The different ways to compact a disk

The different ways to compact a disk

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Today if you want to compact a virtual hard disk – you can use Virtual PC / Virtual Server / Hyper-V or Windows 7.  But not all methods are the same.  Under the covers there are two different approaches that are taken to compacting virtual hard disks:

Virtual PC / Virtual Server:

Perform a blind “block level” compaction.  Here the virtual hard disk is inspected at a block level, and when a block is found which is full of zeroes, the block is removed from the virtual hard disk.

More accurately, zeroed blocks are not copied.  Because when you compact a virtual hard disk with Virtual PC / Virtual Server – they do so by creating a new blank virtual hard disk and copying the data across – and then deleting the original virtual hard disk at the end.


  • Works with any file system inside the virtual hard disk.
  • Can compact differencing virtual hard disks (Windows Virtual PC only).


  • Requires that you run a pre-compaction tool that writes zeroes to unused space in the virtual hard disk.
  • May work better if you run a defragmentation program inside the virtual machine first.
  • Requires that you have enough free space on the physical disk for a second copy of the virtual hard disk.
  • Has to process all the data in the virtual hard disk – so can take a while.

Hyper-V / Windows 7:

Hyper-V and Windows 7 use a different approach to compacting virtual hard disks.  What they do is look for an NTFS file system on the virtual hard disk.  If they find one, they read this data directly and use it to identify zeroed blocks that can be removed from the virtual hard disk.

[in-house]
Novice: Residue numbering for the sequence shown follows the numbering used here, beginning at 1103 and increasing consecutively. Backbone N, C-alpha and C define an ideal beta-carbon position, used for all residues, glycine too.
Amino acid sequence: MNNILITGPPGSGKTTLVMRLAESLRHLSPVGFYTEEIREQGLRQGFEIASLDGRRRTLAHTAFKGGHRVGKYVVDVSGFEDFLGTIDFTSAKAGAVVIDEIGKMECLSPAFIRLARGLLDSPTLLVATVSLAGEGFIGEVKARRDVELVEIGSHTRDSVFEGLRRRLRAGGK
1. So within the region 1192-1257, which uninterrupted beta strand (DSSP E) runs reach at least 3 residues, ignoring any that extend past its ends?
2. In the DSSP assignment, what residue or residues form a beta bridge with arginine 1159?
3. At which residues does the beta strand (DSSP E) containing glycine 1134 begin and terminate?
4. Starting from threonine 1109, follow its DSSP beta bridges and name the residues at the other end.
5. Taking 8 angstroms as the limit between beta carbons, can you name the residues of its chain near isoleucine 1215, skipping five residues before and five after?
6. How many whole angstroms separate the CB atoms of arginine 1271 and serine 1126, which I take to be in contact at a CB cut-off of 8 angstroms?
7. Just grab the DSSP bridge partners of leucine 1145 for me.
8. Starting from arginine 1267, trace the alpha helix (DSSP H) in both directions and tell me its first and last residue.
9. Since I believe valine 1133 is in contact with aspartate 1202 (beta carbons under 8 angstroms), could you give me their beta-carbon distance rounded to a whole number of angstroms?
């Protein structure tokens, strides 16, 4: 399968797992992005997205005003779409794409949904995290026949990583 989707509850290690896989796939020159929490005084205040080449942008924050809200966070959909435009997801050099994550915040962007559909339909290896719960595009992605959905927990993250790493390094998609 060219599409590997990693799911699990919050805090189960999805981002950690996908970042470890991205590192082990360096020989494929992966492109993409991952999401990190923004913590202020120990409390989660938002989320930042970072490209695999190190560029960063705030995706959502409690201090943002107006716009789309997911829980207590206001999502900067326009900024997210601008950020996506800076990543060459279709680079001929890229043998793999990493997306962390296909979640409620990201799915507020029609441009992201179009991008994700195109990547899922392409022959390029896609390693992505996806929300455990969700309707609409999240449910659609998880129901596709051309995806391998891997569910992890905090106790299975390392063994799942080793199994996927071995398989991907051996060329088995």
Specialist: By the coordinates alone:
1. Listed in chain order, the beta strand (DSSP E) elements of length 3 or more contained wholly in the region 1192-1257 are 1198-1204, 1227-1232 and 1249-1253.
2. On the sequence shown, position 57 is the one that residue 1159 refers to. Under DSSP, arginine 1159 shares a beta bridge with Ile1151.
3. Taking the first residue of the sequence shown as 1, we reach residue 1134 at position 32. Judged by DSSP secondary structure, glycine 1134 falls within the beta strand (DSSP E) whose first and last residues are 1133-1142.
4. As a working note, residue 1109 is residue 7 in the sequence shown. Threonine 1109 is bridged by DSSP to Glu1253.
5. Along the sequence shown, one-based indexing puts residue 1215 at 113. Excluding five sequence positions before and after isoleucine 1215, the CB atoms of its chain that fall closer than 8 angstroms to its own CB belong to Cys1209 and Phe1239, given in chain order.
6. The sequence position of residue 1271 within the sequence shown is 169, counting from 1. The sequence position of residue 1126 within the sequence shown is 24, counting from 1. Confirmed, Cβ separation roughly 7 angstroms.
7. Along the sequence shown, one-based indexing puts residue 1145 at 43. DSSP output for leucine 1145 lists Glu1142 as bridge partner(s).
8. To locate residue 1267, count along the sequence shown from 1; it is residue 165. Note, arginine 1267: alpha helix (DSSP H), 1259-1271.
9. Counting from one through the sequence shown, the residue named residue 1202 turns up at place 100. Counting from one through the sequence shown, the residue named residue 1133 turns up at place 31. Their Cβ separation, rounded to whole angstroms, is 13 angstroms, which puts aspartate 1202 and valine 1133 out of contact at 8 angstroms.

This operation is done “in place” which means that no second virtual hard disk is created.


  • No preparation needed - just point it at an offline virtual hard disk and it works.
  • No need for extra free space on the physical disk.
  • Faster than Virtual PC / Virtual Server.


  • Does not work with non-NTFS formatted virtual hard disks.


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  • When you talk about Windows 7, I assume you mean Windows Virtual PC as opposed to the native support for VHD that the OS has baked in?  

  • Yawn: When is Windows Virtual PC 7 arriving without the ludicrous processor virtualization requirement?

  • And how exactly do I compact a VHD? How do I tell WVPC to compact it? Or how do I tell 7 to compact it? Do I have to NTFS-compress the VHD file?

  • Will the .VHD file become fragmented after "in place" compacting?

  • Maybe I'm missing something.  I am running Windows 7 with Windows Virtual PC.  I go into the Settings of the Virtual Machine.  Say I want to "Modify..." the hard disk, then click "Compact virtual hard disk".   The next screen says:

    "Before your compact the virtual hard disk, use the precompact tool to prepare the disk."  

    I assumed by your article that "No preparation needed", I wouldn't need to do this precompaction any more.